Spicemaster and entrepreneur Anuj Patel sympathizes with my dilemma. As a connoisseur of Indian flavors, he fully understands the pleasures derived from the happy coexistence of intense taste and insane heat. This is why he created his very own hot sauce, harnessing heaping amounts of locally-grown, organic habaneros which he enhanced with the unexpected addition of fresh mangoes. The result is his newly-minted AJ's Masterspice, a surreal explosion of furious fire and serious soul. By introducing the fruit element, your tongue is able to discern the hidden intricacies of the habanero. It is an unfamiliar exploration to be sure, because most sauces incorporating this infamous pepper, fail to temper the initial heat blast with such gentle precision. You'll find yourself enjoying aspects of the habanero that you never even knew existed.

A gentle dollop of this potent elixir added to your favorite dish reveals a subtle sweetness accompanied by the deep, devilish tones of habanero. When the spiciness drops, it drops BIG. But when used sparingly, it's nothing that can't be tackled by less than a spoonful of yogurt or cucumber sauce. 

To me, however, it's not a real meal unless you've broken a sweat. Hyper-heat can be a spiritual experience--meditative even, as you contemplate the pain, dwell in it and let your mind temporarily elevate you to a higher plane. That being the case, AJ's Masterspice is my new guru. If you see it around, pick it up (carefully, of course). With its stunning packaging, semi-serious warning label, and trademark orangish-yellow hue, the bottles are hard to miss. Just remember, you've been warned: if you can't stand the heat, stick with Frank's Red Hot or something.

Hella Habanero

Monday, October 1, 2012

Review: Muse - The 2nd Law

Courtesy of Muse
Few would accuse Muse's newest studio offering--released October 1st--as being their most groundbreaking work. Yet it surely continues the successful formula which they've ridden to the top: kicking serious ass

The gut-busting begins in earnest with Supremacy, a fitting choice for an opener with its guitar scratching, earth-scorching bombast. The stakes are raised almost immediately upon the introduction of a full orchestral accompaniment.  Cue the choir and it's clear that England's favorite hard rock act is setting the controls for the heart of the sun. All of the usual suspects that we've come to associate with the band are on full display, from frontman Matthew Bellamy's operatic falsetto, to the deep, dark riffs  that he so often whips into a frenetic crescendo. It concludes with a twang of whimsical arpeggio, summoning the listener on the aural odyssey to follow.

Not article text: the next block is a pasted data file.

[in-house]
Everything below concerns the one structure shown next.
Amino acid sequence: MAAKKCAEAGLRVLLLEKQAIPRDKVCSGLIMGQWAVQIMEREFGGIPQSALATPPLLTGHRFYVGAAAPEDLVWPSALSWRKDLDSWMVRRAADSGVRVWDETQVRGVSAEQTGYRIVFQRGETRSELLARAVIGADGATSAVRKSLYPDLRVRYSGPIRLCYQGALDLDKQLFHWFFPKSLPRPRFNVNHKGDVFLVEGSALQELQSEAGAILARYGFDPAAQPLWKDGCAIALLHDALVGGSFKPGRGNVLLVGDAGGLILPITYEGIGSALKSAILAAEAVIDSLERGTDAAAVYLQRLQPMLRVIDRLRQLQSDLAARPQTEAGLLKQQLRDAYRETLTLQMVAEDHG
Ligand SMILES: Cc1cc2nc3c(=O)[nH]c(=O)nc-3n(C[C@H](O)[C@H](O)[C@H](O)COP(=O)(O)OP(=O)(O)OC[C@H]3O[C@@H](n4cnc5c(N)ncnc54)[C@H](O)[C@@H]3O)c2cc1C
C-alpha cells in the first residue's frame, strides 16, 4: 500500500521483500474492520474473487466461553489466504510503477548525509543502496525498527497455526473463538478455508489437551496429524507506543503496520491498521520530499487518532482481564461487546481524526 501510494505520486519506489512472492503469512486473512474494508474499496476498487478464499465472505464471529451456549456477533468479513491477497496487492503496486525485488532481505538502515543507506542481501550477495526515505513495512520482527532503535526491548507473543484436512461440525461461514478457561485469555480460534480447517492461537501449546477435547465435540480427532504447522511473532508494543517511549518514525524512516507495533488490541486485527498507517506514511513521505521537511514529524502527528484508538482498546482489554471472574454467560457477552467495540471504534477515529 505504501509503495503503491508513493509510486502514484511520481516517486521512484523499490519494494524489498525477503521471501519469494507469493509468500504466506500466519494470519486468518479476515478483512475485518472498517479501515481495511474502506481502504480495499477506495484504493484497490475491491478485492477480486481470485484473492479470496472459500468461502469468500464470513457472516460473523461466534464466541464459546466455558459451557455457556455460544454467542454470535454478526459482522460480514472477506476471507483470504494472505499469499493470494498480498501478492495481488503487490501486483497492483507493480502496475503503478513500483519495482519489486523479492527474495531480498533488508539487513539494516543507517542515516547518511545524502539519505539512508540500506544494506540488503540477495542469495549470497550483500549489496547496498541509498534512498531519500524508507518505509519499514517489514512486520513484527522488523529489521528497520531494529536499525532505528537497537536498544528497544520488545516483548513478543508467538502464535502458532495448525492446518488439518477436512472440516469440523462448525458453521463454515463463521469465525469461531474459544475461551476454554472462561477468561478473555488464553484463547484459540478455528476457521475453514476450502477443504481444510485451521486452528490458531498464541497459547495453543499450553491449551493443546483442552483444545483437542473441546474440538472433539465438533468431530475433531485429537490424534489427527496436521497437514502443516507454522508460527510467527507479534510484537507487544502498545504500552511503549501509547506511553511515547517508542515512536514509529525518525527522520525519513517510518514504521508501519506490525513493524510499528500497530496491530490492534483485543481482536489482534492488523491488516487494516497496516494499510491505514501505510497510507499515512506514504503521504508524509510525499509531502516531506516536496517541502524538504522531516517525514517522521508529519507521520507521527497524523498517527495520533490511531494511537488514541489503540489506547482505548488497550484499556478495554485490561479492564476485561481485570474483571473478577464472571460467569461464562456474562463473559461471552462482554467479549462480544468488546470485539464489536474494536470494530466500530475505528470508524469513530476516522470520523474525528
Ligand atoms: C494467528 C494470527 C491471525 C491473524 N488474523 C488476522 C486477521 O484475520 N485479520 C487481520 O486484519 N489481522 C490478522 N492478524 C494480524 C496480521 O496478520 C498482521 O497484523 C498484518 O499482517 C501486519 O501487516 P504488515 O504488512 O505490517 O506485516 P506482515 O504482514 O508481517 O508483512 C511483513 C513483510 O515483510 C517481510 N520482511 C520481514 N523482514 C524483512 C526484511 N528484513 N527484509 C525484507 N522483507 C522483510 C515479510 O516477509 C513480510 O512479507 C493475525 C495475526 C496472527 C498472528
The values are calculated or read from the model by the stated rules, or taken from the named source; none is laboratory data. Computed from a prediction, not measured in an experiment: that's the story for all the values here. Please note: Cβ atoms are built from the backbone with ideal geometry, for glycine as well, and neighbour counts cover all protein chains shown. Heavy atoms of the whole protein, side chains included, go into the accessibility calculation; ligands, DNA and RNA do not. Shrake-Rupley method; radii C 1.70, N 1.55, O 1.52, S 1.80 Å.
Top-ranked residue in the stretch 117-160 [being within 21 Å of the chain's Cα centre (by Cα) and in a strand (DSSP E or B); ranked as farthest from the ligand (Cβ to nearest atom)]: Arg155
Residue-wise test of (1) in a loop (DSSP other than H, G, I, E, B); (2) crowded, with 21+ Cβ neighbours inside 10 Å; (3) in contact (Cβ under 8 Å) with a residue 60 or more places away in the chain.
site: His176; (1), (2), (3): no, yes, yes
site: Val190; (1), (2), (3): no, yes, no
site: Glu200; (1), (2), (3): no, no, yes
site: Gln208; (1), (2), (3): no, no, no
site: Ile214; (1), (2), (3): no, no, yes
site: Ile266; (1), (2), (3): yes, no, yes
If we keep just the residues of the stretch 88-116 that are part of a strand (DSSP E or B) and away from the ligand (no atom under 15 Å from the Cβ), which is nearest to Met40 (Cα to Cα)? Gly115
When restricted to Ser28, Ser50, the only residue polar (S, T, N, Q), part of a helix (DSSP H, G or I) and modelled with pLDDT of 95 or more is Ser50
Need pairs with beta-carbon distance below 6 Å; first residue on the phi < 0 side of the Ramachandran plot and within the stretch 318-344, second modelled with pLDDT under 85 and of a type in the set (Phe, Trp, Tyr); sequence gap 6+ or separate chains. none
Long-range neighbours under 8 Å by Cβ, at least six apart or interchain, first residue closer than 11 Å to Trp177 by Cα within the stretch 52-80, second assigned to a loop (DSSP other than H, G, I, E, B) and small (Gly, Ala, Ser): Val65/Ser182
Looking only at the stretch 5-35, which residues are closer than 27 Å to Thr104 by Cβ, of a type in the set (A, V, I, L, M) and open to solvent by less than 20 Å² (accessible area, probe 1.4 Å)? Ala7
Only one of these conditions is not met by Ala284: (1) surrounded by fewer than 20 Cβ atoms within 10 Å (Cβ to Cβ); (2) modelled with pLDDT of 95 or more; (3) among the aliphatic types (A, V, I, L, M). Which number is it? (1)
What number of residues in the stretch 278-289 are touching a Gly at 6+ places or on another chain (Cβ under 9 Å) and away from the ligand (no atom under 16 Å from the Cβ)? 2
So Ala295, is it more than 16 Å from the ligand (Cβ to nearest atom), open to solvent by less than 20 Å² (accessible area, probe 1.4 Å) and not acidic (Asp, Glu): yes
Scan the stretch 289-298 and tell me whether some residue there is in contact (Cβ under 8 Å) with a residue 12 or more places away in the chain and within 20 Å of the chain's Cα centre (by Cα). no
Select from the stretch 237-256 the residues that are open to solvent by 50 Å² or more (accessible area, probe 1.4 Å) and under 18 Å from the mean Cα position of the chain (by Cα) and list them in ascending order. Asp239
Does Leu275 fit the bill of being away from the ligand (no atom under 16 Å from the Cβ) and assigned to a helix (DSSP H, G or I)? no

The voyage veers off-path in a hurry with Madness, their most recent single, and an obvious departure from their tried and true stylings. Decidedly more Pop than Prog, the track finds Bellamy crooning in a sorta futuristic R+ B manner. While not at all what I have come to expect from the power trio, the song is undeniably catchy, beginning with rhythmic electro-bass pulses and building upon itself with purpose as it unfolds. Slowly it gives way to a brief-yet-blistering solo where we find Bellamy channeling his inner May before culminating in a triumphant, emotional climax. It somehow becomes more profound upon sequential encounters. 

Courtesy of Will Ireland/Getty Images
Next up is a dirty little wallop known as Panic Station, featuring a full-on horn section (from the same folks  that brought you the legendary hook in Stevie Wonder's "Superstition"). Bassist Chris Wolstenholme slaps out a driving groove that provides a firm foundation for the intoxicating funk that Bellamy layers on top.  The brass, riffing repeatedly throughout the chorus, melds itself effortlessly into the sonic landscape.  

The mood shifts drastically as the album explores the symphonic grandeur necessary to prelude an olympic anthem. A swinging piano riff emerges, accompanied by the metered cadence of an extended choir and an occasional sopranic flight of fancy. Such is the pomp and circumstance that defines Survival. The official song of London's 2012 games is wrought with such over-the-top delivery that--if  the lead singer's heritage was anything aside from Anglican--we'd have to question wether or not he was putting us on. 

Chris Wolstenholme, Matthew Bellamy and Dominic Howard
The remainder of the album tinkers with the more common trappings of contemporary music, like the dubstep-minded hook in the otherwise pedestrian Follow Me, or the Radiohead-inspired polyrhythms of the melancholic Animals.

Save Me and Liquid State are notable entries. Penned by Wolstenholme and chronicling his struggle with alcoholism, they showcase a surprisingly infectious timbre. As impassioned as his delivery is, the songs are as memorable for what they aren't. Bellamy's trademark wailing has become such a fixture of the Muse sound that these numbers could be mistakenly attributed to another band altogether. 

The chaotic immensity more familiar to the band reemerges in spades for the conclusion of their sixth studio album. The title track is broken down into a two-part suite, as ominous as it is ultramodern. Unleashing a salvo against the insatiable desires of man, Muse continues to weave the thread of social commentary into the core of their music, as they have from the beginning. "A species set on endless growth is unsustainable," we are warned. Begging the question, 'where do we go from here?' If the melodic finale of The 2nd Law serves as any indicator, a rendezvous with post-apocalyptic minimalism is unavoidable. It's not a groundbreaking notion, but that doesn't make it any less provocative.